- with appropriate consent, service design and ethics oversight, using data sources not held by the department through the use of ‘verifiable proofs’, for example from child-care providers or banks to remove the need to actively report changes
Universal Credit should also become much more real-time and responsive.
One of the characteristics of today’s digital services is that they operate in real-time. If you want to buy something on Amazon, you see if it’s out-of-stock immediately; the locations of cars on Uber are displayed in real-time, and prices change based on demand; users sending money between Starling or Monzo bank accounts receive immediate notifications that the transaction has taken place. Currently, Universal Credit does not display the real-time characteristics of a modern digital service.
Despite the presence of words ‘real’ and ‘time’ in the acronym RTI, this is ‘real time’ in HMRC terms (monthly rather than annually, good enough for the calculation of tax) – there is a time-lag in retrieving and duplicating the data from HMRC and even then, it is not displayed to claimants until the end of each month. DWP and HMRC should aim to move to a world where the data is accessed directly, from a single source (with appropriate safeguards), rather than duplicated using legacy-style batch processes. This would mean that errors in the reporting of wages could be caught sooner by claimants and resolved faster by DWP staff.
VocaLink, the organisation which operates the UK’s payments infrastructure, has said that it believes the government underutilises the Faster Payments systems in making welfare payments.1 DWP should also use a combination of the Faster Payments system and automation of the calculation to shorten and eventually eliminate the seven-day calculation and payment period. The automation aspect of this should be done cautiously to ensure accuracy of payments does not fall.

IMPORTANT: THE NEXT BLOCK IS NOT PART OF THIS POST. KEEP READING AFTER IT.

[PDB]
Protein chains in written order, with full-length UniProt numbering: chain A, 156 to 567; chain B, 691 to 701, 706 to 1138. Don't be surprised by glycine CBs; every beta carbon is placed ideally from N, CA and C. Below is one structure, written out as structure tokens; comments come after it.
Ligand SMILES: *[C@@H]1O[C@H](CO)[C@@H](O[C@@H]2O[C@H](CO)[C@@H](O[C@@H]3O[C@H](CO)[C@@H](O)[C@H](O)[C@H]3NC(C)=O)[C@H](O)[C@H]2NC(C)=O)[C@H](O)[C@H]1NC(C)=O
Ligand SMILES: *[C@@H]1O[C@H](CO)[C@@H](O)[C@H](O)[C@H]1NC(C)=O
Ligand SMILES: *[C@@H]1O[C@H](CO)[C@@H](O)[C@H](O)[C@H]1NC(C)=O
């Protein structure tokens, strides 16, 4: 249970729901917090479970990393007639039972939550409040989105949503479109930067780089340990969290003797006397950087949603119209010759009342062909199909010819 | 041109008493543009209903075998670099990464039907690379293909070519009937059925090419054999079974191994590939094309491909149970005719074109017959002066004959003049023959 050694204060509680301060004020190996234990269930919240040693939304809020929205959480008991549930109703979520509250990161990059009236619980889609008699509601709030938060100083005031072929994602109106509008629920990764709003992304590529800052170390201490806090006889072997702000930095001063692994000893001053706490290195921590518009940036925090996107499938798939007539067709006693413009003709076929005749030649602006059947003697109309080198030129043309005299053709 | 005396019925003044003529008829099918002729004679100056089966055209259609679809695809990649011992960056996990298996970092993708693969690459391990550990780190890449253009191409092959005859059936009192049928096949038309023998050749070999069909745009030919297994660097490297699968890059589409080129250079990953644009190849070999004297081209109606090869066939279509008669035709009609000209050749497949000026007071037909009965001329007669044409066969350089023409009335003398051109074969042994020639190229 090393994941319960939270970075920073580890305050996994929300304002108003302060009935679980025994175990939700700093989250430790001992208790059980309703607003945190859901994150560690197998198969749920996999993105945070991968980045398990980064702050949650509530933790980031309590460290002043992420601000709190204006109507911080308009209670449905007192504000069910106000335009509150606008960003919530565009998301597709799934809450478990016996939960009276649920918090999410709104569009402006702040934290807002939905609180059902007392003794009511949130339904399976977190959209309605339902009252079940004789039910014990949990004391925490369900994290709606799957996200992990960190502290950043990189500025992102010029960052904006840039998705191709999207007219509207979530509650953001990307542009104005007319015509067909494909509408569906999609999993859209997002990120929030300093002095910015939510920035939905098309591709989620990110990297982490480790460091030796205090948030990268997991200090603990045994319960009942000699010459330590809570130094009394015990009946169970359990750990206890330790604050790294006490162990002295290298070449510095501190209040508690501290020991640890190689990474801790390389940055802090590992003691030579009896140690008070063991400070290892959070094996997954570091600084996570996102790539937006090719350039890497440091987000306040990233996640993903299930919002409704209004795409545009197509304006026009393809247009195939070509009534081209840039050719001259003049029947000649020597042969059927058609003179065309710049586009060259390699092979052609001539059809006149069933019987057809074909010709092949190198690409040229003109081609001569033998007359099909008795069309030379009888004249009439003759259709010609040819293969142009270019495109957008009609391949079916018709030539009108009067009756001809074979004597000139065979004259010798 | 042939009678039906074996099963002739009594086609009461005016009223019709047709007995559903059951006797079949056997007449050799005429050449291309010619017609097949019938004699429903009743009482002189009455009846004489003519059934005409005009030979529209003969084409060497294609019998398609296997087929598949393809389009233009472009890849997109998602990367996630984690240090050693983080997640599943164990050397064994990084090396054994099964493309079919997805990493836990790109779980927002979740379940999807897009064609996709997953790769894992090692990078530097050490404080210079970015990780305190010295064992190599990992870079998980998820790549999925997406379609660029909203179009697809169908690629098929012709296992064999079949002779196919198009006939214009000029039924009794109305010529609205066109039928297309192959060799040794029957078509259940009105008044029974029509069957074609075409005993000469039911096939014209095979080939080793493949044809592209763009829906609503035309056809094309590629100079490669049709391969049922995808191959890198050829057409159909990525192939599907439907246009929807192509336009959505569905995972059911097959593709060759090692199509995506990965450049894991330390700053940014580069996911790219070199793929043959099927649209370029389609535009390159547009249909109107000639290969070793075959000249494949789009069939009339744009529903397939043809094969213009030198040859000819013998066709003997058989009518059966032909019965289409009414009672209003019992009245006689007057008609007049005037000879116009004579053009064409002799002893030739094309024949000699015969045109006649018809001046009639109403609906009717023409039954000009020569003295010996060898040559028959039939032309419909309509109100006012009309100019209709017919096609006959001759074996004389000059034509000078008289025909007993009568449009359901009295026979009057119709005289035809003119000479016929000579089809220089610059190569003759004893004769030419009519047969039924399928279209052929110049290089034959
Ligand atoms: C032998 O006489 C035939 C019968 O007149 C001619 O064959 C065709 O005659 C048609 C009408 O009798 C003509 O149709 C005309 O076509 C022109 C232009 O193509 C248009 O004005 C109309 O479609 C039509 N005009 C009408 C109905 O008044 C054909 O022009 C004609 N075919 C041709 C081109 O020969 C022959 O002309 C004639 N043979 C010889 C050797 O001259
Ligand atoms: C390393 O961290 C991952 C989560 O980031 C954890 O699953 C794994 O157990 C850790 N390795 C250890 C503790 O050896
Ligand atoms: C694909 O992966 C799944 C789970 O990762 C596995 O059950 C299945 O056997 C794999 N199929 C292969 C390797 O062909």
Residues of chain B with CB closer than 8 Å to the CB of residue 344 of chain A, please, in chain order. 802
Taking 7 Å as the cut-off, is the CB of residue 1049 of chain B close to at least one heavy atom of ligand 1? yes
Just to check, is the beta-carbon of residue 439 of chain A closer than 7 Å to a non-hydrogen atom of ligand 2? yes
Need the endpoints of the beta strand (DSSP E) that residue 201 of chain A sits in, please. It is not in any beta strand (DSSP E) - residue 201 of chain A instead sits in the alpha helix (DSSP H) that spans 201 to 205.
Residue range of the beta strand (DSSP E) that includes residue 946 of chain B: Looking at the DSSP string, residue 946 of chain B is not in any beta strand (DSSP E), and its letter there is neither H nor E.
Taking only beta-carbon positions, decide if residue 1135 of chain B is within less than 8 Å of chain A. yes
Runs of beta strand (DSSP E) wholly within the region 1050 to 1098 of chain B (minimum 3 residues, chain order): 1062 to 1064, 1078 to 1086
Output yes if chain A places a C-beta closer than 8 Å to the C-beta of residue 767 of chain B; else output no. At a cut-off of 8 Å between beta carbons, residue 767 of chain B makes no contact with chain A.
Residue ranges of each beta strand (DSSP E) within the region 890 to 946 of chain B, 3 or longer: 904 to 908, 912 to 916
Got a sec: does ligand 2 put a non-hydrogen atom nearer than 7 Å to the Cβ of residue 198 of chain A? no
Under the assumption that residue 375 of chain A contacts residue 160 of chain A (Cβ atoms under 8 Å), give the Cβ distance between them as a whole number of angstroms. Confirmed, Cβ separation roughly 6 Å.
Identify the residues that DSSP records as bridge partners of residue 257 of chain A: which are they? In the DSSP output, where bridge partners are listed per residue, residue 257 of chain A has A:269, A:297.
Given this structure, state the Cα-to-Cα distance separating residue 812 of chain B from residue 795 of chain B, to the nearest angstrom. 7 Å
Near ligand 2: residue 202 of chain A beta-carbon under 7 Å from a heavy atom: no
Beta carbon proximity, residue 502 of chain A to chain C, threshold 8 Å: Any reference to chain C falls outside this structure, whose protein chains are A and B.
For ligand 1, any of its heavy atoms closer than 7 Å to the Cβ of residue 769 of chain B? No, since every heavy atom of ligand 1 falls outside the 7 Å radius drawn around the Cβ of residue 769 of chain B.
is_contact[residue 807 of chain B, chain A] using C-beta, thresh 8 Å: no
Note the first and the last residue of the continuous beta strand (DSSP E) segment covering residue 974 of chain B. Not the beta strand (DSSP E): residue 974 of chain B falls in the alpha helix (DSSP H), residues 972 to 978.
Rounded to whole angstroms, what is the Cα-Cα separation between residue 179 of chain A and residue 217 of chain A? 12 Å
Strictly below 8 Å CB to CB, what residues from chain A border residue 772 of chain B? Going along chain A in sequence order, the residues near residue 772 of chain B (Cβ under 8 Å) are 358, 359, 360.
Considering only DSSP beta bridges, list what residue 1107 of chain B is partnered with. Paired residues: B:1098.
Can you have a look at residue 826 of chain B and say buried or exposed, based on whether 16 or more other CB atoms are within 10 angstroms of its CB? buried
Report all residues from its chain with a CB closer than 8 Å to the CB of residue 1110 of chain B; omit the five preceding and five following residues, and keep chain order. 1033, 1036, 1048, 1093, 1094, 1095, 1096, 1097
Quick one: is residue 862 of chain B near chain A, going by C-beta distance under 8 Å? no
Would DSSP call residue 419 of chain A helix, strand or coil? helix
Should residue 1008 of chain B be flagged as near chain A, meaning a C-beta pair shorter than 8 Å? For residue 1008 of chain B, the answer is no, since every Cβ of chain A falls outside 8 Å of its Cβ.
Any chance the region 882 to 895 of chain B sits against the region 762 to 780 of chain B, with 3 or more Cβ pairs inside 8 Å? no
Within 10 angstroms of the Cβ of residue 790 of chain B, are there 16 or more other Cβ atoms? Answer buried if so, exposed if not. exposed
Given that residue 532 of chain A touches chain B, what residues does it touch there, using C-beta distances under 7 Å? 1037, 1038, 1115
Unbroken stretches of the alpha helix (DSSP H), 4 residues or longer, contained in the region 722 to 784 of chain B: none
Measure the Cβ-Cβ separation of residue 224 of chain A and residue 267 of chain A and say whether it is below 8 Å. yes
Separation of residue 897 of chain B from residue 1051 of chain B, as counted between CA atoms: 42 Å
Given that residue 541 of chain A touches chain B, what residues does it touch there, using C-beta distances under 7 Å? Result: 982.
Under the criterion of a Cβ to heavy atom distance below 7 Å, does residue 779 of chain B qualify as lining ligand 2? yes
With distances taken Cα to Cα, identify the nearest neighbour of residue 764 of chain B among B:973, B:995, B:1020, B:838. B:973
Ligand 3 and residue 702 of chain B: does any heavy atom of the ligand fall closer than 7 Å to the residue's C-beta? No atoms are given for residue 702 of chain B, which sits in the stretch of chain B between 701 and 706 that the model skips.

Finally, the messages that are sent when new journal entries are added, or items added to the to-do list should be revisited to see if extra context can be added to help claimants make informed decisions about the urgency of a particular message (for example, if they are currently unable to access the internet). DWP should also consider options for claimants to submit evidence of searching for work to the journal via other mechanisms such as speech-to-text over the phone, SMS, and direct from third party services.
Costs and benefits
Not all the problems of Universal Credit can be fixed with the application of more digital service design and automation. While there are clearly opportunities to improve how the service works for claimants, there will always be some needs that DWP is unable to meet or prioritise, either because of its institutional incentives or the potential cost implications.
Where there are cost implications for government (such as greater use of Faster Payments), DWP should be open about those costs. It should also be open about the costs of inaction to the rest of the public purse (such as the costs to Ministry of Justice of additional demands on the tribunal system). It should commission research on the financial cost of using aspects of the digital service for claimants (including additional mobile phone bills, charges for the use of internet-cafes, helpline scams and other costs).
The other thing that DWP should do to ensure all the needs of claimants can be met is to start to open up Universal Credit. DWP should start to think of the welfare system less as a closed system, and more as a shared platform that digital and non-digital services can be built on top of and that can cater for a broader range of use-cases. The idea of rethinking Universal Credit as a platform is considered in the next section.
“Welfare Reform Committee The Future Delivery Of Social Security In Scotland Written Submission Received From Vocalink”, 6th Report, 2015 (Session 4): The Future Delivery of Social Security in Scotland, http://www.parliament.scot/S4_Welfare_Reform_Committee/Inquiries/VocaLink.pdf ↩